Fingernail Sensor From IBM Tracks Parkinson’s Disease, Motor Functions

A fingernail sensor manufactured by IBM can now constantly track and measure finger motion.

The data are analyzed by artificial intelligence (AI) and provides accurate tracking of a persons motor abilities. The IBM focus was to create a device that can help monitor Parkinson’s patients. This is very important, especially in senior citizens, as medication dosages may need to be adjusted. In addition, Parkinson’s sufferer tend to be seniors and skin-based sensors are not as sensitive or accurate.

 

fingernail sensor

 

The fingernail sensor measures grip strength, walking speed and gait length. These motor functions give the physician an indication of a person’s physical and mental health.

 

Currently, these motor movements are infrequently measured in a doctor’s office which can delay treatment for early onset symptoms.

 

Fingernail Sensor: What Is Parkinson’s Disease?

The IBM focus was to create a device that can help monitor Parkinson’s patients. This is very important, especially in senior citizens, as medication dosages may need to be adjusted from time to time. In addition, Parkinson’s sufferers tend to be senior citizens and skin-based sensors are not as sensitive or accurate.

 

Additional movement symptoms are:

 

  • Cramping: sustained or repetitive twisting or tightening of muscle.
  • Drooling: while not always viewed as a motor symptom, excessive saliva or drooling may result due to a decrease in normally automatic actions such as swallowing.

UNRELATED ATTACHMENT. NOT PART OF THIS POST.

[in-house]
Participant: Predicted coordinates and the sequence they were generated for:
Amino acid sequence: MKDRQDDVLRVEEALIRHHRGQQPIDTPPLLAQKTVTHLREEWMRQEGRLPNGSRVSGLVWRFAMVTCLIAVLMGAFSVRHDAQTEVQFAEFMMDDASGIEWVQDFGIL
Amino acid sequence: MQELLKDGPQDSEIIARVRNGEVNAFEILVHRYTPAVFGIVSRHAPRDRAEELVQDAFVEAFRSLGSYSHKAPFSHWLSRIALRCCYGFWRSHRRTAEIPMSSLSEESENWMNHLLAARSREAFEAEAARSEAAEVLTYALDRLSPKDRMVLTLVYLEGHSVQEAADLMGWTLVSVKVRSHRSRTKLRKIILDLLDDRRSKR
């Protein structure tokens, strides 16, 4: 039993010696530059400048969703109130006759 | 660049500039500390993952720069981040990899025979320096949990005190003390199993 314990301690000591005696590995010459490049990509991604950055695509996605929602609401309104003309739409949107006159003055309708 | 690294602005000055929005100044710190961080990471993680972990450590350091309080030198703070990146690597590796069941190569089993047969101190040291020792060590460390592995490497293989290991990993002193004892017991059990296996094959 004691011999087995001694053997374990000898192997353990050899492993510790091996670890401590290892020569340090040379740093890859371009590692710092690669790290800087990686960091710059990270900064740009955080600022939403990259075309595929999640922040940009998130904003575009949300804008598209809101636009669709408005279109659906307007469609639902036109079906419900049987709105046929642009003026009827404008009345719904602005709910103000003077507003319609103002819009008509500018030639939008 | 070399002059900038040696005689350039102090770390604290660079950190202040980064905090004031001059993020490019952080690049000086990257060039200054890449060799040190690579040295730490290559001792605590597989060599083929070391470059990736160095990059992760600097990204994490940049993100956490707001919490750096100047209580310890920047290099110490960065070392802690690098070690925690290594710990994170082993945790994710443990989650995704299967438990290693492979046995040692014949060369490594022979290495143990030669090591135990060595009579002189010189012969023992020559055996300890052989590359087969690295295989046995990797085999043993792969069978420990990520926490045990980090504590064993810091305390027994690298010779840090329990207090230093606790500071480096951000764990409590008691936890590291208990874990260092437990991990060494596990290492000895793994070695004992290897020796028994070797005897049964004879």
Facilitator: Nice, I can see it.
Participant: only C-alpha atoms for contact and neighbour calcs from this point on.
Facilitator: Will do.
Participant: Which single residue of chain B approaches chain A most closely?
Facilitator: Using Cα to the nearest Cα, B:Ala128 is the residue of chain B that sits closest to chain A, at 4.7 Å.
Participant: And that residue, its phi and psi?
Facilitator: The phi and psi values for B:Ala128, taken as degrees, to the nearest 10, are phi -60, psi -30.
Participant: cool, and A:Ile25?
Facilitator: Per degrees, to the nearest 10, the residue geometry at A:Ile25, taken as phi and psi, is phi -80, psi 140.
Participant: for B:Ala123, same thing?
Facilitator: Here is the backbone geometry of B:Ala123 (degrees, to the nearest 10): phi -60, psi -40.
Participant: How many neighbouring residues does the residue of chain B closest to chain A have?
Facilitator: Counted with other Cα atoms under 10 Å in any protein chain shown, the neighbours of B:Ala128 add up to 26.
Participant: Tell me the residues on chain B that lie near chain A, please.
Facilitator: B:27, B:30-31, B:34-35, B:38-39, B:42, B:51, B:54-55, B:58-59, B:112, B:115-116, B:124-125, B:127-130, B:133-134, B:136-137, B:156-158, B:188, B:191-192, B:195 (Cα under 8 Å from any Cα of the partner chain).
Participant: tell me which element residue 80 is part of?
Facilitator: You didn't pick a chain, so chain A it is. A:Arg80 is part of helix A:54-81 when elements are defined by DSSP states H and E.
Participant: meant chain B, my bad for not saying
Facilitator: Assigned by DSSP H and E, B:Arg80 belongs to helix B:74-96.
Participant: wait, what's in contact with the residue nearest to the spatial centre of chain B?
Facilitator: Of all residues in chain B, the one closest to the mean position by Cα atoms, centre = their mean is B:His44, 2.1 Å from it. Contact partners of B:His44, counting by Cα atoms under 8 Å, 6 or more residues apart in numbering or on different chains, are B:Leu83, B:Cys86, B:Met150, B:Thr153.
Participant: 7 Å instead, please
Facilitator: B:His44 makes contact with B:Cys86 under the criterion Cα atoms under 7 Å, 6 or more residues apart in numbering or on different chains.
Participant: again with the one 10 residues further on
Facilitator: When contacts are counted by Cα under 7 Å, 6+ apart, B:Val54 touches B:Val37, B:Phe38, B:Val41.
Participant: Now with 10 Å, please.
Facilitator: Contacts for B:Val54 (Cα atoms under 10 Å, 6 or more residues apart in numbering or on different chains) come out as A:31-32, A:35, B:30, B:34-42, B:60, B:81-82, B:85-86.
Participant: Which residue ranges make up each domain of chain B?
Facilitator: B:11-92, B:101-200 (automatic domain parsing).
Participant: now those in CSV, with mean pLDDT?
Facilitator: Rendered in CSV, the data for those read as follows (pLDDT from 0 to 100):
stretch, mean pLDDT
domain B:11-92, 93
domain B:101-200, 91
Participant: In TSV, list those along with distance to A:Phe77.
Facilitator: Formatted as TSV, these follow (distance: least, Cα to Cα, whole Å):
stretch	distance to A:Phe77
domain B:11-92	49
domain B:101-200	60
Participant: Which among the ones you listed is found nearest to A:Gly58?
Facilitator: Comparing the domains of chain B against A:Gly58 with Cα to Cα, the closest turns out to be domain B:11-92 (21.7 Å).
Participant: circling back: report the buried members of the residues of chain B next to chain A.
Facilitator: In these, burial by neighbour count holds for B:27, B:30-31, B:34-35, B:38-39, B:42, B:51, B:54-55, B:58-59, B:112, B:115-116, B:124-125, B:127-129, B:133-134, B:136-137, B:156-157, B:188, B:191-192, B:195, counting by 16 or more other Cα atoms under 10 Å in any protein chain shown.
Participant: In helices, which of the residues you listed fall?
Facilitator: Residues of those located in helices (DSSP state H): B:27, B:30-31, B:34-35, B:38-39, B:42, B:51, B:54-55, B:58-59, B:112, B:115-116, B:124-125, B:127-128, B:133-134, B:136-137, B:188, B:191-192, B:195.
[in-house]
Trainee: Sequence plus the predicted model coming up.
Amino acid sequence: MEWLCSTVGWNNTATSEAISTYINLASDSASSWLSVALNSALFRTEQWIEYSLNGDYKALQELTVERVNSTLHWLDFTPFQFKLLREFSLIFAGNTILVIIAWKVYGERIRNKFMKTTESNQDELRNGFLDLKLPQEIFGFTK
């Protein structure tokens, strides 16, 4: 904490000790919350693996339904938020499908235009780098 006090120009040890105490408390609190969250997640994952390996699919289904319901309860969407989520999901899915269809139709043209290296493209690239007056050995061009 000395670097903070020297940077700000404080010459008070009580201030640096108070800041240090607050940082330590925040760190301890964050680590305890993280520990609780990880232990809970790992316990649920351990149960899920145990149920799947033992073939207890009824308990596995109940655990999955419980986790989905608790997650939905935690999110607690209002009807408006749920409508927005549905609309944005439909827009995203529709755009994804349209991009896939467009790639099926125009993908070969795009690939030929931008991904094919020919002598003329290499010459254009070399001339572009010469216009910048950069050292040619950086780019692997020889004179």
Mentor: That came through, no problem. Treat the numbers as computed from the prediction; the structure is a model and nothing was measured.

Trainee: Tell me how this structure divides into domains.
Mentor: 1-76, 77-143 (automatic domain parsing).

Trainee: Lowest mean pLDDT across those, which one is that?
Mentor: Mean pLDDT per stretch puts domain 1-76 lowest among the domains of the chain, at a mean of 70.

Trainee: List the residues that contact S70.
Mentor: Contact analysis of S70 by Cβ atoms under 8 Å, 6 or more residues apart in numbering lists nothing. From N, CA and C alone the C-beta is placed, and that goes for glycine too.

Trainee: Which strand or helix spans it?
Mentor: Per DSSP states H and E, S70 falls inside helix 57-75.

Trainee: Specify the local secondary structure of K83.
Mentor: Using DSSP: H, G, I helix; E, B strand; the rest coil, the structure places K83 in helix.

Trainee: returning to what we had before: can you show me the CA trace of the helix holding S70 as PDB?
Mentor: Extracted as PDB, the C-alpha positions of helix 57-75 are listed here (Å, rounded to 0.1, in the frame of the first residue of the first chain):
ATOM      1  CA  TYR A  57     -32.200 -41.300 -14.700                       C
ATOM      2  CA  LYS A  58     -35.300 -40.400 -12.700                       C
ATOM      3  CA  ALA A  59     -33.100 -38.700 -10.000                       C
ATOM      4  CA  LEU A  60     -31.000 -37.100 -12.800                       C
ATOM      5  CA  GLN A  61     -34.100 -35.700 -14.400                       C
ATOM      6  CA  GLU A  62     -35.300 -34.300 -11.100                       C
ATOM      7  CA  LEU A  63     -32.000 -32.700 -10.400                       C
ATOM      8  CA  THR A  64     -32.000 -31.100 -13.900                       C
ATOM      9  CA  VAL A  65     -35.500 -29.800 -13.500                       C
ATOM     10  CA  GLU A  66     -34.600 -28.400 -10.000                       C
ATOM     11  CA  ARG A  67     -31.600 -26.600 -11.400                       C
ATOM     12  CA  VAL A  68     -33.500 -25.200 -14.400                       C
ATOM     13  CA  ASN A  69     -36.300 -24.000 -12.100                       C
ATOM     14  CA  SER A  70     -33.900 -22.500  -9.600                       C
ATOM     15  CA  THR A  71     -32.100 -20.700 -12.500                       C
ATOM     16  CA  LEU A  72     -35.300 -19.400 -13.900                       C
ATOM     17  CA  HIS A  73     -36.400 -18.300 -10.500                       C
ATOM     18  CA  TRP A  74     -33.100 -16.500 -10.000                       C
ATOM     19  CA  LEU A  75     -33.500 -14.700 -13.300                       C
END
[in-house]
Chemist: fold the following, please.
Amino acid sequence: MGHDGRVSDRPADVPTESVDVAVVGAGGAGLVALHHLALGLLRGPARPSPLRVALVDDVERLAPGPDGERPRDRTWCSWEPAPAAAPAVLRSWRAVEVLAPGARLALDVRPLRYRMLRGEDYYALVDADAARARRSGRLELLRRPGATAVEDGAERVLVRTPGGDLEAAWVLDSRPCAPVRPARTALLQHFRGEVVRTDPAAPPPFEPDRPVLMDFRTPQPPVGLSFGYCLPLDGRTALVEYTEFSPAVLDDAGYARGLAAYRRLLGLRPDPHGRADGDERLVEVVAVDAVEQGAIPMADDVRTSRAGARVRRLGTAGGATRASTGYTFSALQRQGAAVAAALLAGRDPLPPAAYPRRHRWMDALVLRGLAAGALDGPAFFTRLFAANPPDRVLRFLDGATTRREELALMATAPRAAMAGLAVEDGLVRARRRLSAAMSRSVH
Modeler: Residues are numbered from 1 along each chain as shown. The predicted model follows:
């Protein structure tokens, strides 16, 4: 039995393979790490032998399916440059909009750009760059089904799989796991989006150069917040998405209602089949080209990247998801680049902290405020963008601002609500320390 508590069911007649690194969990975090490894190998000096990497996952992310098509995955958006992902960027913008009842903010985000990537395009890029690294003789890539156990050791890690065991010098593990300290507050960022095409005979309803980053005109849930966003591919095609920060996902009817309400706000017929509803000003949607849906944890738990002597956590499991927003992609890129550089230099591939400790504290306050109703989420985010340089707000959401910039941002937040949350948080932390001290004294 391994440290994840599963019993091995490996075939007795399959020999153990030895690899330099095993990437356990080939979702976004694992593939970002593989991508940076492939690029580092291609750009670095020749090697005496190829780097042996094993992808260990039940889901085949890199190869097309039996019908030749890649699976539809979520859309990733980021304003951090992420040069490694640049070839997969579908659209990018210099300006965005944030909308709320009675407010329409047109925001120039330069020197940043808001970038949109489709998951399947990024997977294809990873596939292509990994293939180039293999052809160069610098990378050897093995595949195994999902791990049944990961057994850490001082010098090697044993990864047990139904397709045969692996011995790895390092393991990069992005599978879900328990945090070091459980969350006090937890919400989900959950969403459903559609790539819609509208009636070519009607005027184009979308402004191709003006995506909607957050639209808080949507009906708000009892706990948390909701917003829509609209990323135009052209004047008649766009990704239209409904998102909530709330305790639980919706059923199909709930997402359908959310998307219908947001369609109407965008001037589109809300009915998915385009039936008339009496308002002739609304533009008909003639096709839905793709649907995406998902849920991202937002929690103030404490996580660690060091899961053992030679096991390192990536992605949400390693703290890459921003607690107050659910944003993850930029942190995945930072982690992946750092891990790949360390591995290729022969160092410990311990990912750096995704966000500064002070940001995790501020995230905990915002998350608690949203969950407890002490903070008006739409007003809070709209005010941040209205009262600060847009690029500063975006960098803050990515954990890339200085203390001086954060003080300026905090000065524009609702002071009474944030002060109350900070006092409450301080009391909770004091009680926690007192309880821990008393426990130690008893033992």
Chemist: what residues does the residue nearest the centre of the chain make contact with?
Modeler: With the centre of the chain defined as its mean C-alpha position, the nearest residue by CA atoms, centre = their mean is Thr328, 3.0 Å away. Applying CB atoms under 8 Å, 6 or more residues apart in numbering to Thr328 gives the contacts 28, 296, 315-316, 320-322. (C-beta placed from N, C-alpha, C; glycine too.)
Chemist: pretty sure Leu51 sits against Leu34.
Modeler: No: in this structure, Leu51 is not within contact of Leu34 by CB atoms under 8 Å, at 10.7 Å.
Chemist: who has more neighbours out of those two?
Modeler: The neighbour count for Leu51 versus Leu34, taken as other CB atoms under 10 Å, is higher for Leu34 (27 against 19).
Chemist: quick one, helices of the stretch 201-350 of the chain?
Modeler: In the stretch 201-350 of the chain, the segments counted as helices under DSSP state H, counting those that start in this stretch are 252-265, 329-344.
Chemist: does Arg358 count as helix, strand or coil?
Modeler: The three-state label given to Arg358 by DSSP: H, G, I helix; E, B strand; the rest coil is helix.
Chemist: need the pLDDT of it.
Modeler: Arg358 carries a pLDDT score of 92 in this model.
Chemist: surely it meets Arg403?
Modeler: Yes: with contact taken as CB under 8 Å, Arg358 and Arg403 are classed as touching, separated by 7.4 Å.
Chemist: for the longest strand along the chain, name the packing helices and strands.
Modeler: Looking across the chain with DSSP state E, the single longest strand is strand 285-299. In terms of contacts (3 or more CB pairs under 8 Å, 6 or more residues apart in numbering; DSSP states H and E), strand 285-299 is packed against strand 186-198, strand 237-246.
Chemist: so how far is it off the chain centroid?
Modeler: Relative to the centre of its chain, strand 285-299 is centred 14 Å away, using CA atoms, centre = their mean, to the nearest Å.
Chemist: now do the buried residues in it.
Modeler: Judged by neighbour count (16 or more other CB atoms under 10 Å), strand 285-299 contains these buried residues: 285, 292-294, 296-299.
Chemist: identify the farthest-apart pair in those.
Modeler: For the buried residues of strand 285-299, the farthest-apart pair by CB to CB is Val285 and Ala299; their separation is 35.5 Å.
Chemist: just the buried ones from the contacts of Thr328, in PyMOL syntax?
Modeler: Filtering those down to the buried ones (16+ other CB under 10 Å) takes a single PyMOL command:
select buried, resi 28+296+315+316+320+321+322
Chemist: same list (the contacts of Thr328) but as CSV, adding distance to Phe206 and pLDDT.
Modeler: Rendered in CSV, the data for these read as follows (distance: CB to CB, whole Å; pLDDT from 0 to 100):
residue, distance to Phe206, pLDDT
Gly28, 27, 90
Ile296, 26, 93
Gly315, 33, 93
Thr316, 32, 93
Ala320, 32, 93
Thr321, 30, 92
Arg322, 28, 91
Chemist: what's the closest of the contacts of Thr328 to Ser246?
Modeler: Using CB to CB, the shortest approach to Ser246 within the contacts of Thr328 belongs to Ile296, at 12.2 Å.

• Dyskinesia: involuntary, erratic writhing movements of the face, arms, legs or trunk.
  • Festination: short, rapid steps taken during walking. May increase risk of falling and often seen in association with freezing.
  • Freezing: gives the appearance of being stuck in place, especially when initiating a step, turning or navigating through doorways. Potentially serious problem as it may increase risk of falling, especially for senior citizens.
  • Masked face: results from the combination of bradykinesia and rigidity.
  • Micrographia: small, untidy and cramped handwriting.
  • Shuffling gait: accompanied by short steps and often a stooped posture.
  • Soft speech: soft, sometimes hoarse, voice that can occur in PD.

 

Fingernail Sensor: What Causes Parkinson’s Disease?

Dopamine is a chemical messenger (neurotransmitter) in the brain that is responsible for controlling movement, emotional responses and the ability to feel pleasure and pain.

 

In people with Parkinson’s, the cells that make dopamine don’t work. As Parkinson’s progresses, more dopamine-producing brain cells die.

The brain eventually reaches a point where it stops producing dopamine in any significant amount. This causes problems with movement.

 

Here’s a video showing how the fingernail sensor works:

 

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